That means in the next three years, the Treasury will have to sell $8.8 trillion more treasuries: $5.2 trillion to roll over the existing debt, and another $3.6 trillion for budget deficits and interest owed on the debt. That means each year it will have to sell $2.93 trillion of more debt.

    So, what if the reason for “QE2” had nothing to do with helping the economy? According to Bloomberg News, IHS Global Insight, Moody’s Analytics, and Macroeconomic Advisors say it won’t help that much anyway. “The firms estimate that the unemployment rate will remain around 9 percent or higher next year whether the Fed buys $500 billion or $2 trillion of U.S. Treasuries in a second round of unconventional stimulus,” Bloomberg reports.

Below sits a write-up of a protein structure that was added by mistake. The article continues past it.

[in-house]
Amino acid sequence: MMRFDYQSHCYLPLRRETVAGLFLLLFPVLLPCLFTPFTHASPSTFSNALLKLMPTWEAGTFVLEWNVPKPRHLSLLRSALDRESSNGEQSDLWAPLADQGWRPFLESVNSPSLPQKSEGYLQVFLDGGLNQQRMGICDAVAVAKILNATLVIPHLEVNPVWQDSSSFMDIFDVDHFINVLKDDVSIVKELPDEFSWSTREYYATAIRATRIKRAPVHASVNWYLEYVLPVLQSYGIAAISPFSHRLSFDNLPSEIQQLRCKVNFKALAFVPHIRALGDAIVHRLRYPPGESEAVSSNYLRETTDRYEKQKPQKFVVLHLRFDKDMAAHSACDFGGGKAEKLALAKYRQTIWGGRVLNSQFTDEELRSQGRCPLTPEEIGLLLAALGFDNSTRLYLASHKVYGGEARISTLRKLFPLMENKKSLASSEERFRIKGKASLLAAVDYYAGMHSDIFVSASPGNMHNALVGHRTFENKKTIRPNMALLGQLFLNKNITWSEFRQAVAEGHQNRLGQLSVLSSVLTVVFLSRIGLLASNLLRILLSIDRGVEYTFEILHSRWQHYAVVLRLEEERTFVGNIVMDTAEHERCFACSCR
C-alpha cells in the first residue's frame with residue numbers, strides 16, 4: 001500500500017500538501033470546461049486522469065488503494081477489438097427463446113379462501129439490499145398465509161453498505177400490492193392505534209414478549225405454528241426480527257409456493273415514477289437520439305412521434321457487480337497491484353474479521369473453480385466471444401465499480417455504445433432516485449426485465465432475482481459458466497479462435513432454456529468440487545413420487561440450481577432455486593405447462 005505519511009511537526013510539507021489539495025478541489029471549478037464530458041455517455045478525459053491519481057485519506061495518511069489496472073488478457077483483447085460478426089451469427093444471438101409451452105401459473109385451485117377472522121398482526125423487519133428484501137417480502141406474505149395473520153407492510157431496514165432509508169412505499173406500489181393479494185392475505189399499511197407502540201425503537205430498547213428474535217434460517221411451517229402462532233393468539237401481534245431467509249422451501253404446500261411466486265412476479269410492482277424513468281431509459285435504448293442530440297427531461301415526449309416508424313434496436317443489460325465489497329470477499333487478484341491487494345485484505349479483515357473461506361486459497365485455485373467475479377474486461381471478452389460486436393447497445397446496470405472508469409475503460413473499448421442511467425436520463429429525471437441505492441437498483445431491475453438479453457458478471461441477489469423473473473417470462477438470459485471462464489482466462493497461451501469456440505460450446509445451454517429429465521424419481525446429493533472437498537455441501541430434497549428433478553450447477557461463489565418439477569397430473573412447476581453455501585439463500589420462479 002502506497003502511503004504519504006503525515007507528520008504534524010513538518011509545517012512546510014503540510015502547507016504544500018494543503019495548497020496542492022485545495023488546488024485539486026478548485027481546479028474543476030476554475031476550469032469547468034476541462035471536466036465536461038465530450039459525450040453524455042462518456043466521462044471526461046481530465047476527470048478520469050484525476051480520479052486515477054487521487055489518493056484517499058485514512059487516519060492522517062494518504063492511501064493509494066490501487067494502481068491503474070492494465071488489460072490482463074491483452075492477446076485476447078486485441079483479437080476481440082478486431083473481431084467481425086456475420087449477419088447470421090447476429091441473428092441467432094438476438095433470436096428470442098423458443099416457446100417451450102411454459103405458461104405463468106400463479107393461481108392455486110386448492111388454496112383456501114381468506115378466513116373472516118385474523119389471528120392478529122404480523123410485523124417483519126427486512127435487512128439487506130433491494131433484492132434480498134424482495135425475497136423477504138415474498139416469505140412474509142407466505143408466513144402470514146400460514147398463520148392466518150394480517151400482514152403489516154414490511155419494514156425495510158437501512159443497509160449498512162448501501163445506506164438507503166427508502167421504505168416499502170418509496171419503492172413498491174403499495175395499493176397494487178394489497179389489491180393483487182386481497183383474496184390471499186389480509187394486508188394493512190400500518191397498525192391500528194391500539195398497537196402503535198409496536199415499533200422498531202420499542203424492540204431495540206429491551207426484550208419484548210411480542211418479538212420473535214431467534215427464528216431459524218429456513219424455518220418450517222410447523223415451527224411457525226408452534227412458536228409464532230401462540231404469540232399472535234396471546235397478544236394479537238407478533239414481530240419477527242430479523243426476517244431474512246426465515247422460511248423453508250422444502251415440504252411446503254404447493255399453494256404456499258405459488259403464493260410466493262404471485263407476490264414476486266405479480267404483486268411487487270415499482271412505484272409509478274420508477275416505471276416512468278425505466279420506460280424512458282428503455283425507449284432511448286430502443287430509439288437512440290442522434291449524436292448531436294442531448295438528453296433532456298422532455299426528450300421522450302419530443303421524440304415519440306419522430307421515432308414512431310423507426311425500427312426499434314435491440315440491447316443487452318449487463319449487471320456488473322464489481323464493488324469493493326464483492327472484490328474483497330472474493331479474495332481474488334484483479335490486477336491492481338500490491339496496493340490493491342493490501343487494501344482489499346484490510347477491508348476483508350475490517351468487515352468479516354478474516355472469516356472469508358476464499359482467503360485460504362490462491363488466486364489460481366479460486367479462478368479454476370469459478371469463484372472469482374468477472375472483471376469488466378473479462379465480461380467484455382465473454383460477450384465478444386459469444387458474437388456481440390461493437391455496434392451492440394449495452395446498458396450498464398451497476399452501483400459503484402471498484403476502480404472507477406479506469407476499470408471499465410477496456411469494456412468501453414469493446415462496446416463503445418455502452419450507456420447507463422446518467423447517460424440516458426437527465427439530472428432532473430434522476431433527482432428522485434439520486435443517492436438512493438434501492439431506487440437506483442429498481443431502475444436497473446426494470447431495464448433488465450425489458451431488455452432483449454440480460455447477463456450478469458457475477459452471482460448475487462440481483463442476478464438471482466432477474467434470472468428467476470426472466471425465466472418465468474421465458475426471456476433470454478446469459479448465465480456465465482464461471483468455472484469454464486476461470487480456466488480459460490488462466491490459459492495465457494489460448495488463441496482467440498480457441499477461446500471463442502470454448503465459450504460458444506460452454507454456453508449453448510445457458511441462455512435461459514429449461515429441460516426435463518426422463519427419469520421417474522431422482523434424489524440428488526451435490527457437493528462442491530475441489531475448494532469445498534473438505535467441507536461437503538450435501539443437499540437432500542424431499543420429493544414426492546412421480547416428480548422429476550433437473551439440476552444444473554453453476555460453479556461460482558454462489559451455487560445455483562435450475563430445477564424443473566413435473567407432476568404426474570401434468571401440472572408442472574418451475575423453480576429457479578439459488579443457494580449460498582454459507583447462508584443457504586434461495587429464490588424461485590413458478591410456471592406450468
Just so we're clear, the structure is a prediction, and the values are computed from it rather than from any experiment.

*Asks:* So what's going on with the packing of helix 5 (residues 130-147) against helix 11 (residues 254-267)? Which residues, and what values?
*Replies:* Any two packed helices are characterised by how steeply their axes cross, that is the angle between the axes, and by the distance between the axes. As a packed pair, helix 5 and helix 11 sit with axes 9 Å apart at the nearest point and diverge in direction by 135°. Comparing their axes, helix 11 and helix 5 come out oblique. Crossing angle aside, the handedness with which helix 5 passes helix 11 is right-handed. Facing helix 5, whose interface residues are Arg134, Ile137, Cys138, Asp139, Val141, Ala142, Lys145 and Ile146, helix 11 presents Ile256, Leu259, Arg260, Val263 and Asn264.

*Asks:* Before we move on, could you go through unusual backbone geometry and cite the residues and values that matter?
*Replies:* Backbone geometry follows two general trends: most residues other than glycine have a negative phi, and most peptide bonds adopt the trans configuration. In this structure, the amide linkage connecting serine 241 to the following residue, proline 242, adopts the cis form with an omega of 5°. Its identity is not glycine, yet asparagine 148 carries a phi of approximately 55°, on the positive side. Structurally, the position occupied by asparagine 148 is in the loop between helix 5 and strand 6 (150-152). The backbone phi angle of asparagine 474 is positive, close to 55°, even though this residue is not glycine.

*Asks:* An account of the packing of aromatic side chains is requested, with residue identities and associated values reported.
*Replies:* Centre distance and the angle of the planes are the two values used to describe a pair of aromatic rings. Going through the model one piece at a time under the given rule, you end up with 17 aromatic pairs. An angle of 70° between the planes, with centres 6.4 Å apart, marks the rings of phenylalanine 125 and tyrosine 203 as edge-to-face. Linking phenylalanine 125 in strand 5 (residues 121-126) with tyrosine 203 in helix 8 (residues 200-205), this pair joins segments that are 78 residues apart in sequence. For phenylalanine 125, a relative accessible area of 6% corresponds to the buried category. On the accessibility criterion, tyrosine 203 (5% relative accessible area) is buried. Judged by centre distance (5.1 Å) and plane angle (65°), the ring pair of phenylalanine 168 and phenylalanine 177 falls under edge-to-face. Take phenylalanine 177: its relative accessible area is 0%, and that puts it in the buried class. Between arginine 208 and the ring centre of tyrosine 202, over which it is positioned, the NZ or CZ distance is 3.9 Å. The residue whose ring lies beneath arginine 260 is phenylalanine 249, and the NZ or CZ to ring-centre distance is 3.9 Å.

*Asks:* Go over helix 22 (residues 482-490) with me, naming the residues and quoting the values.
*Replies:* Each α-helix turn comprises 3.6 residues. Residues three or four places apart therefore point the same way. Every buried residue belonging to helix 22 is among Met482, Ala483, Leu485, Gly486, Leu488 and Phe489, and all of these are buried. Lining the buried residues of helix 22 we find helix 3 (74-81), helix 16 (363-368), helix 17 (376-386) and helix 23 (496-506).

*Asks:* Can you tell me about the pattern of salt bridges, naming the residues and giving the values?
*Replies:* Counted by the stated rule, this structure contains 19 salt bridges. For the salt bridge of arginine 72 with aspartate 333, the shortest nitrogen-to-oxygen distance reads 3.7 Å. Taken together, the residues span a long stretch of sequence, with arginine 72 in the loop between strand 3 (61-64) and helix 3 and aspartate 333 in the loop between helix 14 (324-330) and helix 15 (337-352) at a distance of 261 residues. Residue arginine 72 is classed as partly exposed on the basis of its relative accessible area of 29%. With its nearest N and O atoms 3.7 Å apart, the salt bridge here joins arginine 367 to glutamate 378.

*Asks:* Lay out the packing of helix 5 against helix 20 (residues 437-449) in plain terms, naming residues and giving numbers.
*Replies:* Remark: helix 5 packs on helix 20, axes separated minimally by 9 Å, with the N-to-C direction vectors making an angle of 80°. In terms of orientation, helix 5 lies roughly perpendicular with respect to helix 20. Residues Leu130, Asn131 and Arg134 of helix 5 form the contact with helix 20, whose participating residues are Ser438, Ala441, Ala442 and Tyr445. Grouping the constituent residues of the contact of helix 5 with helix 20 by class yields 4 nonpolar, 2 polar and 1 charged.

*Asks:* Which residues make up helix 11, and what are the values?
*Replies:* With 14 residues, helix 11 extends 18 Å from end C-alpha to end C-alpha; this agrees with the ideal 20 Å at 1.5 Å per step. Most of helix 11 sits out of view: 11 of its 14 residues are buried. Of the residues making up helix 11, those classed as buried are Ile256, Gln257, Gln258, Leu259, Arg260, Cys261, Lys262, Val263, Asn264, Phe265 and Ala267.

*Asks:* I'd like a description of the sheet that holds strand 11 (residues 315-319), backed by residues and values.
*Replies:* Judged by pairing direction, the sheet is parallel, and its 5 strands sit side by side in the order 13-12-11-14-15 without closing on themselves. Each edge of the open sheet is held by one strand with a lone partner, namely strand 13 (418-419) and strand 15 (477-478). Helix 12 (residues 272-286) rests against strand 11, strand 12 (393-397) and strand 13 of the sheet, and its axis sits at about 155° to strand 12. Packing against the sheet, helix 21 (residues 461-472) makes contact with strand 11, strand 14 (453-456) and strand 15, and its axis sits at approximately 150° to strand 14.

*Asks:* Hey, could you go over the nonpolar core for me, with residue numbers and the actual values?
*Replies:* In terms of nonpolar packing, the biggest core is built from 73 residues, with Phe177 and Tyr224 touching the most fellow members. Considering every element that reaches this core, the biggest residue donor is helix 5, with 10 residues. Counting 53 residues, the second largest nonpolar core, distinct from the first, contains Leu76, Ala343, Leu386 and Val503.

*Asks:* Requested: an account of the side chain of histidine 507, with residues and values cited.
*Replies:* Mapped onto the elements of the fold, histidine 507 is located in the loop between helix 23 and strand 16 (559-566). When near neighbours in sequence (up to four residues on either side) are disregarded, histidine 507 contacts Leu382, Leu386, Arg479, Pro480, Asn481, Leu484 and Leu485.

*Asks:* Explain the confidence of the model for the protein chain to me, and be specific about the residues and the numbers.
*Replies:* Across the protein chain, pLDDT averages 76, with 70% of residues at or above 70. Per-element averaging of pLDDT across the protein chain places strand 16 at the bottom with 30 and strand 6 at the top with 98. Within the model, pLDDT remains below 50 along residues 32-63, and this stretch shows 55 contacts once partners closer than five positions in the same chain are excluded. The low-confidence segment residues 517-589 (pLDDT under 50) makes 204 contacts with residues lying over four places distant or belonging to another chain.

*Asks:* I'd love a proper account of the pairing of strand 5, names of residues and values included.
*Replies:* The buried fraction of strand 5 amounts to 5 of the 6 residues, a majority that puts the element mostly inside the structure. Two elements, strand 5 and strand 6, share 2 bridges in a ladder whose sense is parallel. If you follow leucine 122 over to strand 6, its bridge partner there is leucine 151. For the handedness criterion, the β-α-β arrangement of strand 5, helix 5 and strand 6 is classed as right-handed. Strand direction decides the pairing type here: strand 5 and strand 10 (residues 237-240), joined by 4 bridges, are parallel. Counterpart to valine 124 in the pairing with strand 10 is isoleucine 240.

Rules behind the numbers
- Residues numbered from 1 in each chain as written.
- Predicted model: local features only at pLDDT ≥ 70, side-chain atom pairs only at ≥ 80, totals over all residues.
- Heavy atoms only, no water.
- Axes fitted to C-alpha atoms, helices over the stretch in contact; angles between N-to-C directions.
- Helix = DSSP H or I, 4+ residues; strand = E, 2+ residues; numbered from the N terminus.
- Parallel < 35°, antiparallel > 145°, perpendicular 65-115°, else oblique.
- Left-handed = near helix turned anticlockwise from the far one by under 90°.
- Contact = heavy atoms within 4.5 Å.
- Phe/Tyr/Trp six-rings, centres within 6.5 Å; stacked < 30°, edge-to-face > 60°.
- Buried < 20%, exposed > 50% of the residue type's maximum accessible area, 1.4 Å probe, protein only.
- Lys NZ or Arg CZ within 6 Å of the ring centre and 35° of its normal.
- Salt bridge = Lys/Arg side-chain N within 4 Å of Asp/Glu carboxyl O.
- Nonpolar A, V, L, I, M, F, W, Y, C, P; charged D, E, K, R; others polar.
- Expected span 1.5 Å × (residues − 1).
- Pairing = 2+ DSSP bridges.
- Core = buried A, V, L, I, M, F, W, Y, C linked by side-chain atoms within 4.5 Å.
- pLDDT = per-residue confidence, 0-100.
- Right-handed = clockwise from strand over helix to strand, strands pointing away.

It will only add 0.1 percent to growth and do nothing to create jobs. Therefore, what if the real reason to print the money was because the Treasury didn’t think it could sell that much debt without the Fed helping? Fiscal Year 2010 was already a record year for expanding the debt, when the Treasury sold $2.3 trillion worth of treasuries.

    What if the Fed is buying the national debt because we’re broke? Because principal on the debt can no longer be paid on the debt by simply rolling it over? Because the only way to pay the principal due is to simply pull a Weimar Republic and print it?

    Assuming the actual demand for treasuries remains consistent from 2010, there will be about a $630 billion shortfall to pay the debt every year for the next three years. With China slowly declining its share of the national debt, the only way to pay the bills will either be for the Treasury to find new buyers, or for the Federal Reserve to print another $630 billion every year (or conversely speed up its sales of the MBS).